Halachic Position Paper
This document addresses the congregation. It deals with the issue of homosexuality, but does not address homosexuals themselves. In our view, the voice of Beit Hillel’s Torah must be heard on this issue, which has appeared frequently on the public agenda in recent times. As congregational leaders and rabbis, we must take part in influencing public discourse, especially within our communities. It is up to us dissipate the unease that surrounds this issue, to speak in the spirit of the Torah, and to contribute to shaping its ethical complexity.
The prohibition of homosexual relations is from the Torah, and since the Torah is eternal and irreplaceable, homosexual relations can’t be condoned.
Indeed, the Torah and Halacha prohibit homosexual acts, not homosexual inclinations. Thus, there is nothing wrong, morally or halachically, with individuals, men or women, exhibiting homosexual tendencies. They are bound by the Torah’s commandments, may fulfill others’ obligations, and may serve in any congregational capacity, just like as any other member of the community. Usually, their sexual orientations make their lives difficult and present them with many challenges.
Unfortunately, we still need to underscore that homosexual inclinations are not cause for ridicule or rejection. It is just as unthinkable to mock those with homosexual tendencies as it is to mock those who are physically, behaviorally or mentally different from us. On the contrary – it is up to those around them – like their relatives and other members of the community – to be even more sensitive to fulfilling the Torah’s obligation of “loving your neighbor as yourself” in the way they conduct themselves with them. They also need to make sure they don’t violate the prohibition of verbally harming others.
Homosexual inclinations create challenging emotional predicaments. The role of congregational leaders, aside from teaching them the existing prohibitions in this regard, is to guide the congregation toward overcoming obstacles and developing the ability to accommodate homosexual individuals.
Homosexual individuals who refrain transgressing prohibitions are of the “mighty ones, who do G-d’s bidding” (psalms 103, 20).
Those who transgress the prohibition of homosexual relations, like any others who transgress prohibitions from the Torah or rabbinic prohibitions, are required to do Teshuva. Even if they struggle to return to the righteous path, they are not exempt from keeping the Mitzvot. They would be well-advised to find ways to minimize the number of restrictions they violate, and find a teacher of Halacha who is proficient in these topics to assist them.
Many congregations do not reject individuals who transgress prohibitions – be they prohibitions between man and his fellow men, or between man and G-d (i.e., Shabbat) – and it is in this spirit that many of our rabbis guide their congregations. This flexibility must be applied with regard to someone who transgressed the prohibition on homosexual relations. Clearly, when we are unsure of whether someone had transgressed such a prohibition, we mustn’t suspect him for naught.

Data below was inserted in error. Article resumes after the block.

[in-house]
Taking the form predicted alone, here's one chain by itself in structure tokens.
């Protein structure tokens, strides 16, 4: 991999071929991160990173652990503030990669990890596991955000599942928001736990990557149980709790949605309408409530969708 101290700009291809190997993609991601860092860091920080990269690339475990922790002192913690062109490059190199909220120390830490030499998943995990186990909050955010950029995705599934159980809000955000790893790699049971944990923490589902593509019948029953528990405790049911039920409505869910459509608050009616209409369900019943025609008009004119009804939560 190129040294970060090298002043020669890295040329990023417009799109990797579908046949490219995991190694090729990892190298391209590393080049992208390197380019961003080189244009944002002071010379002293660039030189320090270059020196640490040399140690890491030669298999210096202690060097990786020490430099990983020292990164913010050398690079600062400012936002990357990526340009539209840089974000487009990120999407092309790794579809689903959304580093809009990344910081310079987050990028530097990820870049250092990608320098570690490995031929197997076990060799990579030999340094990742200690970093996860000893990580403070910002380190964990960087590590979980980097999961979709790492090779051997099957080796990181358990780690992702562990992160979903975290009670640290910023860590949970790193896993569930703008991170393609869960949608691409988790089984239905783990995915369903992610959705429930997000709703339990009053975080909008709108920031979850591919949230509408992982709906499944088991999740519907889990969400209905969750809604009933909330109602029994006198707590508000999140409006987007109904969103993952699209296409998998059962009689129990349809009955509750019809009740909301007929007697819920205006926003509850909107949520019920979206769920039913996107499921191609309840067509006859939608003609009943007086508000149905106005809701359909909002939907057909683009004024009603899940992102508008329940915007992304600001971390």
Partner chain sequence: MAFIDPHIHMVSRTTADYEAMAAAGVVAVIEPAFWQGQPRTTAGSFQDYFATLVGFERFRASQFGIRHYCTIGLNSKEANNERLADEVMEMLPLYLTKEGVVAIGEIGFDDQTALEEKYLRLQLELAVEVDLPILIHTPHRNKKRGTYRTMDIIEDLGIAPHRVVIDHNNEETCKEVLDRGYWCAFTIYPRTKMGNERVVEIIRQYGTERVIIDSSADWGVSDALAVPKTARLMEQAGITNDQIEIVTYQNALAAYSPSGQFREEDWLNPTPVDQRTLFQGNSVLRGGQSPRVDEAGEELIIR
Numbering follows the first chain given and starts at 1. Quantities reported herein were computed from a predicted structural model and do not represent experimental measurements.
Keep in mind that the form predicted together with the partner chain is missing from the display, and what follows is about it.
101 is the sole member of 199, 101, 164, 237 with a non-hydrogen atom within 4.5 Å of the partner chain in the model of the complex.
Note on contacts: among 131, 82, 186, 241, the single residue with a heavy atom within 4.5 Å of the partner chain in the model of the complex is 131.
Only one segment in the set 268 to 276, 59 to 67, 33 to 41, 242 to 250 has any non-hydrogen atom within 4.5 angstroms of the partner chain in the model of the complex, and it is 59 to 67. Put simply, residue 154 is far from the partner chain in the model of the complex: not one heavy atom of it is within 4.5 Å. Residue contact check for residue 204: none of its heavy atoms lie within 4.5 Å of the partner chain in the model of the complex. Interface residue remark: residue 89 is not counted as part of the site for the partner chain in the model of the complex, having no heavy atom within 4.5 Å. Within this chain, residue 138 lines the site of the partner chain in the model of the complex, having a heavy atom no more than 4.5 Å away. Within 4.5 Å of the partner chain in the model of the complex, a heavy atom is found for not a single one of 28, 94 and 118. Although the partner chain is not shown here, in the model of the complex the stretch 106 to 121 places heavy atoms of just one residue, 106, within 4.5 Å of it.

Conjugal relations, according to Halacha, are only allowed between a man and a woman. It is this union that the Torah comments on, saying: “Therefore a man leaves his father and mother and is united to his wife, and they become one flesh”. Our scholars had men and women in mind when they said that the Divine Presence joins them when they merit it. Thus, it is impossible to formally recognize, based on the Torah’s code of law, the validity of a homosexual partnership.
An individual whose sexual orientation precludes him or her from entering into a union sanctioned by the laws of Moses and Israel, and seeks a way to avoid solitude, may forge ties of friendship and partnership with a person of the same sex. Despite the apprehensions and suspicions that may arise from such a relationship, the congregation should assess the possibility of embracing them. We call on congregations to refrain from adding insult to injury, and find ways to allow these people, who wish to be part of the religious community, to do so. They should not be subjected to any restrictions beyond those that are acceptable in the congregation regarding other types of transgressors.
By demonstrating love and compassion toward those in rejected state, including those who don’t conform with the congregation’s behavioral norms, human beings improve spiritually. This is a test of a congregation’s values. Loyalty to G-d and to His commandments and the acceptance of the yoke of His Rule and His commandments include the obligation to embrace the distant and the distanced. Along with the duty to make sure that justice is done, not matter what, and strive to perform each commandment, no matter how simple or burdensome it may be, we must also be the students of Aaron, by loving others and bringing them closer to the Torah.